Dr. Myoung-Hwan Kim, UTRGV assistant professor of physics, was named the 2018 Outstanding Young Researcher by the Association of Korean Physicists in America (AKPA), during the annual meeting of the American Physical Society in March in Los Angeles.




Kim, who has been with UTRGV for two years, was recognized for his work on infrared light, which came as a surprise because that isn’t his main focus, but rather just part of the fundamentals of the work he currently does.




“The reason I was surprised is because the award has been given since 1994, and every year they recognize a young Korean physicist in the United States. But there are many past winners from Ivy Leagues or Tier-1 Research Universities,” he said.




He said the recognition is especially important to him because attaining it can be so difficult.




“I was nominated this year and I thought I wouldn’t get it because we are not yet an emerging research university, not as established. Then they said it was because of my studies on modern materials with infrared lasers – which is weird, because my major accomplishment is not this one.”




For the past 12 years, Kim has been working on novel material research using recently developed polarimetric spectroscopy technique.




“This is a pioneer study,” he said. “My expertise is polarimetric spectroscopy – which is a method of studying materials using polarized light. It is a spectroscopy – the study of the absorption and emission of light by matter – in a special condition of light.”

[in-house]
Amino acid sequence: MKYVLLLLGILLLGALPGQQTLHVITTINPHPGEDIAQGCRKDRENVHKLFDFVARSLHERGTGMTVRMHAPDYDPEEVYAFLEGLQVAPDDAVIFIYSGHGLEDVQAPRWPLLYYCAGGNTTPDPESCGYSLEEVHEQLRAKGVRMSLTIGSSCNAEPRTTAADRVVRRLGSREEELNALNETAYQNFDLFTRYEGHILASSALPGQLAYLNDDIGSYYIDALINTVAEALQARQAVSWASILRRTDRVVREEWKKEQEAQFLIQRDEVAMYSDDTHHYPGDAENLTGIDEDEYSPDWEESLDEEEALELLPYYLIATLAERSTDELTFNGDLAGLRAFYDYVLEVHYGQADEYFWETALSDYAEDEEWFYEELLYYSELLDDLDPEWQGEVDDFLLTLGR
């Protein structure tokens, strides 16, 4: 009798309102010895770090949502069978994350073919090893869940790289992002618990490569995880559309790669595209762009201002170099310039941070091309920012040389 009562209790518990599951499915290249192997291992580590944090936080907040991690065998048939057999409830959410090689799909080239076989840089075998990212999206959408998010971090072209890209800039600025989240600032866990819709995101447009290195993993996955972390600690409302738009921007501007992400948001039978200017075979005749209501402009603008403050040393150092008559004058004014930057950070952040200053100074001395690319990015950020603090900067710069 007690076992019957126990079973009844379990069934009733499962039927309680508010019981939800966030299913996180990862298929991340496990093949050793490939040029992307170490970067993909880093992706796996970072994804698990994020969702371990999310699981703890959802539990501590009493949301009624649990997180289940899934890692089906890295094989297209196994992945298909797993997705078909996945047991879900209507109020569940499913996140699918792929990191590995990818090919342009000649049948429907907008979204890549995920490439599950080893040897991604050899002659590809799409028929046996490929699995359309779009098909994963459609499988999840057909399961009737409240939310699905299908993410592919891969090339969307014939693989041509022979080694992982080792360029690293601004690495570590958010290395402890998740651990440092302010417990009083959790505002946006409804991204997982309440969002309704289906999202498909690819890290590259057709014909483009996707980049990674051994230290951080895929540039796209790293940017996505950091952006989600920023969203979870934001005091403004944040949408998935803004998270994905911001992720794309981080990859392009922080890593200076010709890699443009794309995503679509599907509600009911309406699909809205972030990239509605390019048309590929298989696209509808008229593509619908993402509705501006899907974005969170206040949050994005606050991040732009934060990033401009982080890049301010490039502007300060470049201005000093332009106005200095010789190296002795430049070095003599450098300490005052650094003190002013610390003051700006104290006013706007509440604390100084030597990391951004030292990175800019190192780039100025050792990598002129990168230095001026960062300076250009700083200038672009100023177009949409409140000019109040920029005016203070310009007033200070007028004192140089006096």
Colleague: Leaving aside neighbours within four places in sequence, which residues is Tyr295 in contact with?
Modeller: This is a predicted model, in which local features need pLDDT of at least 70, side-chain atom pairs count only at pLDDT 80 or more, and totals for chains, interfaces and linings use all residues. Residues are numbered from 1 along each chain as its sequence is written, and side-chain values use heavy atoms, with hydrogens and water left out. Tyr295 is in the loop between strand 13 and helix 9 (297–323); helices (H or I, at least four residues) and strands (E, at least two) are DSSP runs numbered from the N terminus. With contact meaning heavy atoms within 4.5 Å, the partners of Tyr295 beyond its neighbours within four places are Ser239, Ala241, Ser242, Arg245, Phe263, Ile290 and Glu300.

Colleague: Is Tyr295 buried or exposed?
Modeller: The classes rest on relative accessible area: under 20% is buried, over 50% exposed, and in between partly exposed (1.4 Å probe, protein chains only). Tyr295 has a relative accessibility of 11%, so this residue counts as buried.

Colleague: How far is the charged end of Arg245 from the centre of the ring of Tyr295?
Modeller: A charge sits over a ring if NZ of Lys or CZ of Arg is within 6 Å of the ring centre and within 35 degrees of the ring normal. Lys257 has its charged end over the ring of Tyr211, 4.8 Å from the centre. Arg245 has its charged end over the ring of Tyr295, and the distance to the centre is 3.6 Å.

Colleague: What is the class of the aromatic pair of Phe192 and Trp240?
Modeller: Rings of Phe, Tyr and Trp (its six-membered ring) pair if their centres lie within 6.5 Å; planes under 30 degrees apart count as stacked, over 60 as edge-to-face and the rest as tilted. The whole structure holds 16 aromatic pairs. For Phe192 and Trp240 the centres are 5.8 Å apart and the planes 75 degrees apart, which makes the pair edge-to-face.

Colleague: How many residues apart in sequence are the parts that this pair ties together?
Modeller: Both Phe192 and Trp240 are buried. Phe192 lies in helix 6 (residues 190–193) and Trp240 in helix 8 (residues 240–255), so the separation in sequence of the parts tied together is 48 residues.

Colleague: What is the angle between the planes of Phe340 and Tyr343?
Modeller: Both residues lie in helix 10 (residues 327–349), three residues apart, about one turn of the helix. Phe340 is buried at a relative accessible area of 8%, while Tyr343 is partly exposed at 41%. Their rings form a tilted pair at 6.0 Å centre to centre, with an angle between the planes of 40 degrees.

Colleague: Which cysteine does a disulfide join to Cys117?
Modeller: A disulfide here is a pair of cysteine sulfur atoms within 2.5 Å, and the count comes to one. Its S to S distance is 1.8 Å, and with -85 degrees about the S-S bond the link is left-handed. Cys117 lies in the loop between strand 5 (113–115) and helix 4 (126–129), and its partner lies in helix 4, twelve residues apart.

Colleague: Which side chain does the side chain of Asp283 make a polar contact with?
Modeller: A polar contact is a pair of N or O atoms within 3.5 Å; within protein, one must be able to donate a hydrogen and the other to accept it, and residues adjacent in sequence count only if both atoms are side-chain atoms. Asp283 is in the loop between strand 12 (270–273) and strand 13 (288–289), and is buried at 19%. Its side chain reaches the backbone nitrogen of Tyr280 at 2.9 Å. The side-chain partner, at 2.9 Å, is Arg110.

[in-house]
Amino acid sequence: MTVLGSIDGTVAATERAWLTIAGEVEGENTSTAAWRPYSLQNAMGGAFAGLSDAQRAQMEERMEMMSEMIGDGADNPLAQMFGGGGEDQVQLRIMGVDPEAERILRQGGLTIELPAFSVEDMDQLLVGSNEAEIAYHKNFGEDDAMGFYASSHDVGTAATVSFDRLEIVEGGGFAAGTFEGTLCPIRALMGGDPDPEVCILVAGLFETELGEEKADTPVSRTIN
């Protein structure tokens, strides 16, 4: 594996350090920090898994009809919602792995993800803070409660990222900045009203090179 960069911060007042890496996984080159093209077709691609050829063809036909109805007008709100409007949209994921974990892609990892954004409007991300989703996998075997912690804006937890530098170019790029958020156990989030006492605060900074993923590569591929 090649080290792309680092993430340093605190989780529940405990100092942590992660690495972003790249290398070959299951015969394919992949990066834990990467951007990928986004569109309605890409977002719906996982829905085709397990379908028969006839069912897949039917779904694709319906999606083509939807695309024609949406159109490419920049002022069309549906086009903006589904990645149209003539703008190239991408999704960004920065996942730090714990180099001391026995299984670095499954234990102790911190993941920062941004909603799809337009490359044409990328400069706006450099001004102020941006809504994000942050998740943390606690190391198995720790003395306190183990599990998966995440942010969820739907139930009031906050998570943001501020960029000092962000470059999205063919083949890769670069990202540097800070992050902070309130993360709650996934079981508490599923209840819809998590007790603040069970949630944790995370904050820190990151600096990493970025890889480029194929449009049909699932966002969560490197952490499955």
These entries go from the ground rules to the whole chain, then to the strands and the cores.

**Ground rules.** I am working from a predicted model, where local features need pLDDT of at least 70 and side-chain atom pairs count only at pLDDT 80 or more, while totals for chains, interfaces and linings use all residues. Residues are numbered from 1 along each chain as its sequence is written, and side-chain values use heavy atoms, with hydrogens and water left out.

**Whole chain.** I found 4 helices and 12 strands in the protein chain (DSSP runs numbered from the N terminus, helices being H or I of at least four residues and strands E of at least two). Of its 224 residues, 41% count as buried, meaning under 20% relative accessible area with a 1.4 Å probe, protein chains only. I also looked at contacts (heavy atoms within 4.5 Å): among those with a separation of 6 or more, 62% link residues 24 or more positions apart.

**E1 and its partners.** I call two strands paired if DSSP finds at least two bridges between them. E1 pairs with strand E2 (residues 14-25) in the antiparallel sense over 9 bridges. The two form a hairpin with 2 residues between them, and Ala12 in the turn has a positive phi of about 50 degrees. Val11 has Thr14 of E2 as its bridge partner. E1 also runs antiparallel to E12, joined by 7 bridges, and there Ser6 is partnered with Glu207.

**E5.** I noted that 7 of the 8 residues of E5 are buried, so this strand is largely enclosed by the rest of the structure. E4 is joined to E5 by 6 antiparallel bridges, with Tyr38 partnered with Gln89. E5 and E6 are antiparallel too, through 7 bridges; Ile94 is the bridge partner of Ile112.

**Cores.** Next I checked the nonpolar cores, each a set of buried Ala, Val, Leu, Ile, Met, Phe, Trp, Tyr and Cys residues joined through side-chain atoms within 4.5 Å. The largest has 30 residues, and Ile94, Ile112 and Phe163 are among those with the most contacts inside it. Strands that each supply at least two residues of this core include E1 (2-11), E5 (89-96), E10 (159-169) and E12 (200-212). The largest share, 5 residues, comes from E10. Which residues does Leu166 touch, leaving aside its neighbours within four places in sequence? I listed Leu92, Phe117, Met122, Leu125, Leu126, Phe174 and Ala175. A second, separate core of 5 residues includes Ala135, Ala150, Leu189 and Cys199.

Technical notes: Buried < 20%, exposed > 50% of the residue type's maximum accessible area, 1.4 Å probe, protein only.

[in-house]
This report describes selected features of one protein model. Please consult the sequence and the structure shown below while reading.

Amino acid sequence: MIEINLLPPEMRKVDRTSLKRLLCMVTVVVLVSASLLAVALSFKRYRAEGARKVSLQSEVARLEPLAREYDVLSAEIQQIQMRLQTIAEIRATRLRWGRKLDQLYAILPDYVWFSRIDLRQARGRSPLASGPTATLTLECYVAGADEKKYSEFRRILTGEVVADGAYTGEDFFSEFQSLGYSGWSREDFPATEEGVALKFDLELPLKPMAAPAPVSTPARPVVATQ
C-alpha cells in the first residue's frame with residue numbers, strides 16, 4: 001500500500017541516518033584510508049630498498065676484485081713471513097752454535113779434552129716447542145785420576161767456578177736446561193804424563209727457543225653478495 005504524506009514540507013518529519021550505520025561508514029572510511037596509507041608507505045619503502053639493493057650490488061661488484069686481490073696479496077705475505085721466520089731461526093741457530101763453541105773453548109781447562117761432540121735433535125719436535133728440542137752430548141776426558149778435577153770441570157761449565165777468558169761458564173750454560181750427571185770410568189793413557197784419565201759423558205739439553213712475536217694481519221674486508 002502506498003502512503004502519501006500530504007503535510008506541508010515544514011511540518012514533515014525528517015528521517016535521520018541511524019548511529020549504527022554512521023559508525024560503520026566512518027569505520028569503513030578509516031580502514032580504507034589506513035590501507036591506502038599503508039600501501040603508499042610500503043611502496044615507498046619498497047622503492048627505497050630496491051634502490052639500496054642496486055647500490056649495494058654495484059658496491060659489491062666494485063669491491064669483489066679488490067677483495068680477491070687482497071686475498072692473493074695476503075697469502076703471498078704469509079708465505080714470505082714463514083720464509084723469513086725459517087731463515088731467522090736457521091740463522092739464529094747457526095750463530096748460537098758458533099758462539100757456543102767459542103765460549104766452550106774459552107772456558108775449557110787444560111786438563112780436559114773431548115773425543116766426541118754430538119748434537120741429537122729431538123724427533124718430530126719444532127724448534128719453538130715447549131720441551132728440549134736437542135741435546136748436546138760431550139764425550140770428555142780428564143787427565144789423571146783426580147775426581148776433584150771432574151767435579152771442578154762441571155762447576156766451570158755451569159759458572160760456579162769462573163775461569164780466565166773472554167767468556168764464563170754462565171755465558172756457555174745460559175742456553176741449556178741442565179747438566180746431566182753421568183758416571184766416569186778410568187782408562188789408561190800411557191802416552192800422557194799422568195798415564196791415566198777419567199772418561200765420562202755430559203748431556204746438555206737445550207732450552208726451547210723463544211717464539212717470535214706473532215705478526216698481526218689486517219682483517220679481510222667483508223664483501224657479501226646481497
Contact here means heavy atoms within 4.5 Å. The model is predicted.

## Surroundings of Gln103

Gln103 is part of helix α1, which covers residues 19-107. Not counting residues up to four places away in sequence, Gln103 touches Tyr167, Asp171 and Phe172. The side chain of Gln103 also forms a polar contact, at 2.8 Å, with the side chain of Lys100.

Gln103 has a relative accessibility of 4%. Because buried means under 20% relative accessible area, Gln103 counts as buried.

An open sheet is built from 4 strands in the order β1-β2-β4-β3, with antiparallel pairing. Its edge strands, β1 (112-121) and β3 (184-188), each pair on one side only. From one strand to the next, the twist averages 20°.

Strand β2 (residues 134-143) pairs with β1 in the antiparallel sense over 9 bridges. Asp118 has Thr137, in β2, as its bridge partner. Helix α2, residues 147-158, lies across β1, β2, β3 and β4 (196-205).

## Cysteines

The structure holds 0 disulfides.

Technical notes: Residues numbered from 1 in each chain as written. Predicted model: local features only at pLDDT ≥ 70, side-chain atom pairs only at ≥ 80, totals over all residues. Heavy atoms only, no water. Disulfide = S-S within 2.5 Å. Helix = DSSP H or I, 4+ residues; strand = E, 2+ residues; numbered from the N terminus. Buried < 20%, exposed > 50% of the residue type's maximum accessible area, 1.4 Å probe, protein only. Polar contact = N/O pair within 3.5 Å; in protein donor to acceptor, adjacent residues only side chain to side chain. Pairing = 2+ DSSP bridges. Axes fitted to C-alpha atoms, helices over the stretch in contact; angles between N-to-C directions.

Kim said his research is in the fundamental stages.


“These are the initial stages to build these measurement systems,” he said. “It is an emerging, new kind of technique to provide deep understanding of physics in time-reversal symmetry broken material system.”




For those who do not speak physics, time-reversal symmetry means physics does not change when time flows backward.




Kim’s research laboratory on the Brownsville Campus is equipped with state-of-the-art infrared and terahertz spectroscopy systems, supported by UTRGV and the UT System with $463,119 from the UT System Valley STAR award in Spring 2016, and a UTRGV College of Science SEED grant award.




His group of graduate students under the UTRGV UT Arlington cooperative Ph.D program have developed new optical nanostructures for nano-photonics research, and he plans to equip a new polarimetric spectroscopy system for novel material research at UTRGV.




“This will be powerful research,” he said. “I believe that is AKPA sees this as important.


They see potential in this kind of study, and ultimately, this is why I was given the award.”